officers and employees of Government-owned and Government-controlled corporations. Be it enacted by the Senate and Aouse of Representatives of the United States of America in Congress assembled, That section 32 of the Criminal Code (Act of March 4, 1909, ch. 321, sec. 32; 35 Stat. 1095; U. S. C., title 18, sec. 76) be amended to read as follows:

“Whoever, with intent to defraud either the United States or any person, shall falsely assume or pretend to be an officer or employee acting under the authority of the United States, or any department, or any officer of the Government thereof, or under the authority of any corporation owned or controlled by the United States, and shall take upon himself to act as such, or shall in such pretended character demand or obtain from any person or from the United States, or any department, or any officer of the Government thereof, or any corporation owned or controlled by the United States, any money, paper, document, or other valuable thing, shall be fined not more than $1,000 or imprisoned not more than three years, or both." Approved, February 28, 1938,

(CHAPTER 754–1st SESSION)

(H. R. 2260)

AN ACT To provide for intervention by the United States, direct appeals to the Supreme Court of the United States, and regulation of the issuance of injunctions, in certain cases involving the constitutionality of Acts of Congress, and for other purposes.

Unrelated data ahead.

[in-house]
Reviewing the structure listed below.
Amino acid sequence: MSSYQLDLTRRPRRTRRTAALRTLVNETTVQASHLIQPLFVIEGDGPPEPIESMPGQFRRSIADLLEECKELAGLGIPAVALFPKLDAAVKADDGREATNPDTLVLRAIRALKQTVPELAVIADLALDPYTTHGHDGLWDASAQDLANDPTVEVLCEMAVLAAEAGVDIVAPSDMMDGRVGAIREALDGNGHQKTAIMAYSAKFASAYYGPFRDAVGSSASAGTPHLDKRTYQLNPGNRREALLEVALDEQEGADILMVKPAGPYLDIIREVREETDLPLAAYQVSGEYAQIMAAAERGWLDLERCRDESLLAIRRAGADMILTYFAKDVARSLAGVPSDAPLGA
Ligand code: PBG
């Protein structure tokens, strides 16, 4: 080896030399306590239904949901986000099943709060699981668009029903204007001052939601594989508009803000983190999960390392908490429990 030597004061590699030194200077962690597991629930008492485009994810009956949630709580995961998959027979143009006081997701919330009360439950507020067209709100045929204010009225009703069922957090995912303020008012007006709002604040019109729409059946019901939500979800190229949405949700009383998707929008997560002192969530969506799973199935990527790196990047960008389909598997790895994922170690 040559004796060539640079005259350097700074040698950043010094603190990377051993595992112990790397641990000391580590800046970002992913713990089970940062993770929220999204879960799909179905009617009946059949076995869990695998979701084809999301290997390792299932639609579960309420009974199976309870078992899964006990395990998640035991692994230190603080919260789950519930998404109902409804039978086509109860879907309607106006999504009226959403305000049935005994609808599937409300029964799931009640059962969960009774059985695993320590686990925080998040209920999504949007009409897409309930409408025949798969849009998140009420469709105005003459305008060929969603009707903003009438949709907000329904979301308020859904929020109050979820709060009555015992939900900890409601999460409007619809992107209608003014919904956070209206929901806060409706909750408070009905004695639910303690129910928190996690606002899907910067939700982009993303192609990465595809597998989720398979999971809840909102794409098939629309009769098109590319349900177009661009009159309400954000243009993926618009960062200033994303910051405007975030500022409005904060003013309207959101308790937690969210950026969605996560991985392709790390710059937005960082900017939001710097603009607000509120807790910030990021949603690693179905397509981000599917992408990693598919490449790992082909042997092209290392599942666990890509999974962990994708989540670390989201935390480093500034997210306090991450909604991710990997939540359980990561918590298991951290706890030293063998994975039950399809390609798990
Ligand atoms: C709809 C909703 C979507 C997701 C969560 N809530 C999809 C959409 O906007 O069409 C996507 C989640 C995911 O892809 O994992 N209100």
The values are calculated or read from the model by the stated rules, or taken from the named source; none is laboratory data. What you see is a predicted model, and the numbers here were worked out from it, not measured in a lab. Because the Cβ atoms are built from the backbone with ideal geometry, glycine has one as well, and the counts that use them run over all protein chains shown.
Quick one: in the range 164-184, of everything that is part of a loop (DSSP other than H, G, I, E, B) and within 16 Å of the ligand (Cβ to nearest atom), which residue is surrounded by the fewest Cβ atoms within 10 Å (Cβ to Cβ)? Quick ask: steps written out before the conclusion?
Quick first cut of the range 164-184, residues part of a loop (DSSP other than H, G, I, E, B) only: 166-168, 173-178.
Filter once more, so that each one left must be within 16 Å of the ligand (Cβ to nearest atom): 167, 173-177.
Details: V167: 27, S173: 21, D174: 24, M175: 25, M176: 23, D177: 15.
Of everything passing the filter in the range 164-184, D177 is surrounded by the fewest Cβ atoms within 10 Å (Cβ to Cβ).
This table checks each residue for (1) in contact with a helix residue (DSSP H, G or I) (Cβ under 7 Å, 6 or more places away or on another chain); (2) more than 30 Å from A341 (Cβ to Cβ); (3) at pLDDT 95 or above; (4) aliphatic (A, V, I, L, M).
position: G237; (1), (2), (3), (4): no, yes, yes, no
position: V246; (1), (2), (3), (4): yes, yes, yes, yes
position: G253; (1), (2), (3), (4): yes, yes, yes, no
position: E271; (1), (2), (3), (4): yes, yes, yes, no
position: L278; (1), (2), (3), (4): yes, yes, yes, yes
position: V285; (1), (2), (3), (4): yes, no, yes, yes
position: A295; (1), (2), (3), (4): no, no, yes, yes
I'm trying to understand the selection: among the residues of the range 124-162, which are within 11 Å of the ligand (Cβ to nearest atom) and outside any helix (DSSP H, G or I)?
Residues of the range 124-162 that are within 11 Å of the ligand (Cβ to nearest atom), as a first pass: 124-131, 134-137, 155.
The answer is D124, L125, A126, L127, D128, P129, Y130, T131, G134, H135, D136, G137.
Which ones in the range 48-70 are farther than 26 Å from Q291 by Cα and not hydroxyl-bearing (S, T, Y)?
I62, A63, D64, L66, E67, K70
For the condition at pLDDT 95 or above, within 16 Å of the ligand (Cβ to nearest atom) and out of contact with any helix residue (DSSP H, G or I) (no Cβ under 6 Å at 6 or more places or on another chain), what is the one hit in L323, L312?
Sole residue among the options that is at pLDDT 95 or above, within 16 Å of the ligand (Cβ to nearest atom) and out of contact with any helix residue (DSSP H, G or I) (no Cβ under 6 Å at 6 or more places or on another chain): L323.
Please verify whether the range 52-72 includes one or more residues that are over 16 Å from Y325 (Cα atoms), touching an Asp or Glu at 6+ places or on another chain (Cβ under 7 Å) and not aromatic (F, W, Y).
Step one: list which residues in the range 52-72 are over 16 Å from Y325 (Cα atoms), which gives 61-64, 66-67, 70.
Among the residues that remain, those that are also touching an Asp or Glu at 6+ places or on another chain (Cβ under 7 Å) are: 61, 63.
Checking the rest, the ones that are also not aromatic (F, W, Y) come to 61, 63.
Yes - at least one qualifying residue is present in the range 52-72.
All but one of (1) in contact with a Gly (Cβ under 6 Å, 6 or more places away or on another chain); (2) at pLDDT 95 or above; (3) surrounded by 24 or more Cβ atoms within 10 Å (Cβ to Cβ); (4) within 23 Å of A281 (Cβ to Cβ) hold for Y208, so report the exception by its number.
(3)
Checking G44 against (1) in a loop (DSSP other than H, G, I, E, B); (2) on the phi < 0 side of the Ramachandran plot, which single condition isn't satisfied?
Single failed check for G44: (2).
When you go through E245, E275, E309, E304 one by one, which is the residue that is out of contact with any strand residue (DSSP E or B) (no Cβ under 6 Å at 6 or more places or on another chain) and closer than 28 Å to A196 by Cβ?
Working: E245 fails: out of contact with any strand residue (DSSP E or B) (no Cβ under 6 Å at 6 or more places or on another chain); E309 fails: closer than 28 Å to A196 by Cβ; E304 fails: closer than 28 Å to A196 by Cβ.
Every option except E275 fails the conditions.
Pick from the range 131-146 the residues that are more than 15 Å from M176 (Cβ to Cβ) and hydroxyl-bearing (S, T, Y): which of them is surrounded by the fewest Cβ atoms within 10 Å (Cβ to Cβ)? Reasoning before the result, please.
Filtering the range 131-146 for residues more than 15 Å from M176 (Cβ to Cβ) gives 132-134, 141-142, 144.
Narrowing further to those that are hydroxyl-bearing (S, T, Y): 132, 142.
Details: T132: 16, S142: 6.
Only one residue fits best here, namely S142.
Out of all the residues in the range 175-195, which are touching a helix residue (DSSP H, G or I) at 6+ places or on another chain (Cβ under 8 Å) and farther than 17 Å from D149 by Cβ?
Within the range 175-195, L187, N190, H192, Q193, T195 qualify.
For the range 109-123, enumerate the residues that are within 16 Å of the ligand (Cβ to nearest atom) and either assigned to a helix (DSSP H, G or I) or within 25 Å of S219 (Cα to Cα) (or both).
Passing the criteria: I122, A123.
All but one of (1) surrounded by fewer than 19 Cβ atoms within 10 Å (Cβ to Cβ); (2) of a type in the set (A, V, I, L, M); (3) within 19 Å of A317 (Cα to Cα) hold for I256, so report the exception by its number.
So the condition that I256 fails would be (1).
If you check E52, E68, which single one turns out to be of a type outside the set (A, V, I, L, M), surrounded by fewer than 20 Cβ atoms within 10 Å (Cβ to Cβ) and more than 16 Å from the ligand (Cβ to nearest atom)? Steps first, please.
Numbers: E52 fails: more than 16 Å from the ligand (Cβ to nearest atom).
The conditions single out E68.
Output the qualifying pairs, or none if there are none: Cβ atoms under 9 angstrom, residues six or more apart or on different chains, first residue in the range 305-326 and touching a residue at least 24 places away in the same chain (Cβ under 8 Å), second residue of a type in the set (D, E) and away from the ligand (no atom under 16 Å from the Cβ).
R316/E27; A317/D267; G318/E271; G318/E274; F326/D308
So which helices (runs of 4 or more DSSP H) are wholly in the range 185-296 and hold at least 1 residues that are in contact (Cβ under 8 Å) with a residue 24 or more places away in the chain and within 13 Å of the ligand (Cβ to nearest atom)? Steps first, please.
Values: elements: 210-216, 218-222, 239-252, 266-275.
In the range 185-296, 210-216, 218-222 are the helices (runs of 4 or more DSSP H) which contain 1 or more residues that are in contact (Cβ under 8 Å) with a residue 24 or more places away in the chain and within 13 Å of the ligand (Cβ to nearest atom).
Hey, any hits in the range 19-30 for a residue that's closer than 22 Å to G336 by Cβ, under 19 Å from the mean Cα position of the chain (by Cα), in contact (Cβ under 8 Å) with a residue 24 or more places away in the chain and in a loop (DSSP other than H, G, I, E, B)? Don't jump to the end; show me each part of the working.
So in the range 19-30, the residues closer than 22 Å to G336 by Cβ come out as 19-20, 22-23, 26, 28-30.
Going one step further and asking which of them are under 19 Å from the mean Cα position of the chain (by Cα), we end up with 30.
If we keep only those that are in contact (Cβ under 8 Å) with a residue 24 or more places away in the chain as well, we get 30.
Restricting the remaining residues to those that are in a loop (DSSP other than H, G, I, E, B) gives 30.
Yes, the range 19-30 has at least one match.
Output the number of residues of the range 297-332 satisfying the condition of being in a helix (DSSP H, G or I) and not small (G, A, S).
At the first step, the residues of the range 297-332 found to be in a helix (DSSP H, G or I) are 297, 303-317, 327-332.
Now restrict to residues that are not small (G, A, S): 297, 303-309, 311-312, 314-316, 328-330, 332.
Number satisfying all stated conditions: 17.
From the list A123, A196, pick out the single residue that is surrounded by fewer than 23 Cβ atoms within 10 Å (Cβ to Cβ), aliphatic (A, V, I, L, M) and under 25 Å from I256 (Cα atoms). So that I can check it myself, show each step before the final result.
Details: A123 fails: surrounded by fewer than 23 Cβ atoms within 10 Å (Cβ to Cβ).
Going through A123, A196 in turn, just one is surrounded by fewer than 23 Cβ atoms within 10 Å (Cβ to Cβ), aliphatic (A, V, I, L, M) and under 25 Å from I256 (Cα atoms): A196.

Be it enacted by the Senate and House of Representatives of the United States of America in Congress assembled, That whenever the constitutionality of any Act of Congress affecting the public interest is drawn in question in any court of the United States in any suit or proceeding to which the United States, or any agency thereof, or any officer or employee thereof, as such officer or employee, is not a party, the court having jurisdiction of the suit or proceeding shall certify such fact to the Attorney General. In any such case the court shall permit the United States to intervene and become a party for presentation of evidence (if evidence is otherwise receiv. able in such suit or proceeding) and argument upon the question of the constitutionality of such Act. In any such suit or proceeding the United States shall, subject to the applicable provisions of law, have all the rights of a party and the liabilities of a party as to court costs to the extent necessary for a proper presentation of the facts and law relating to the constitutionality of such Act.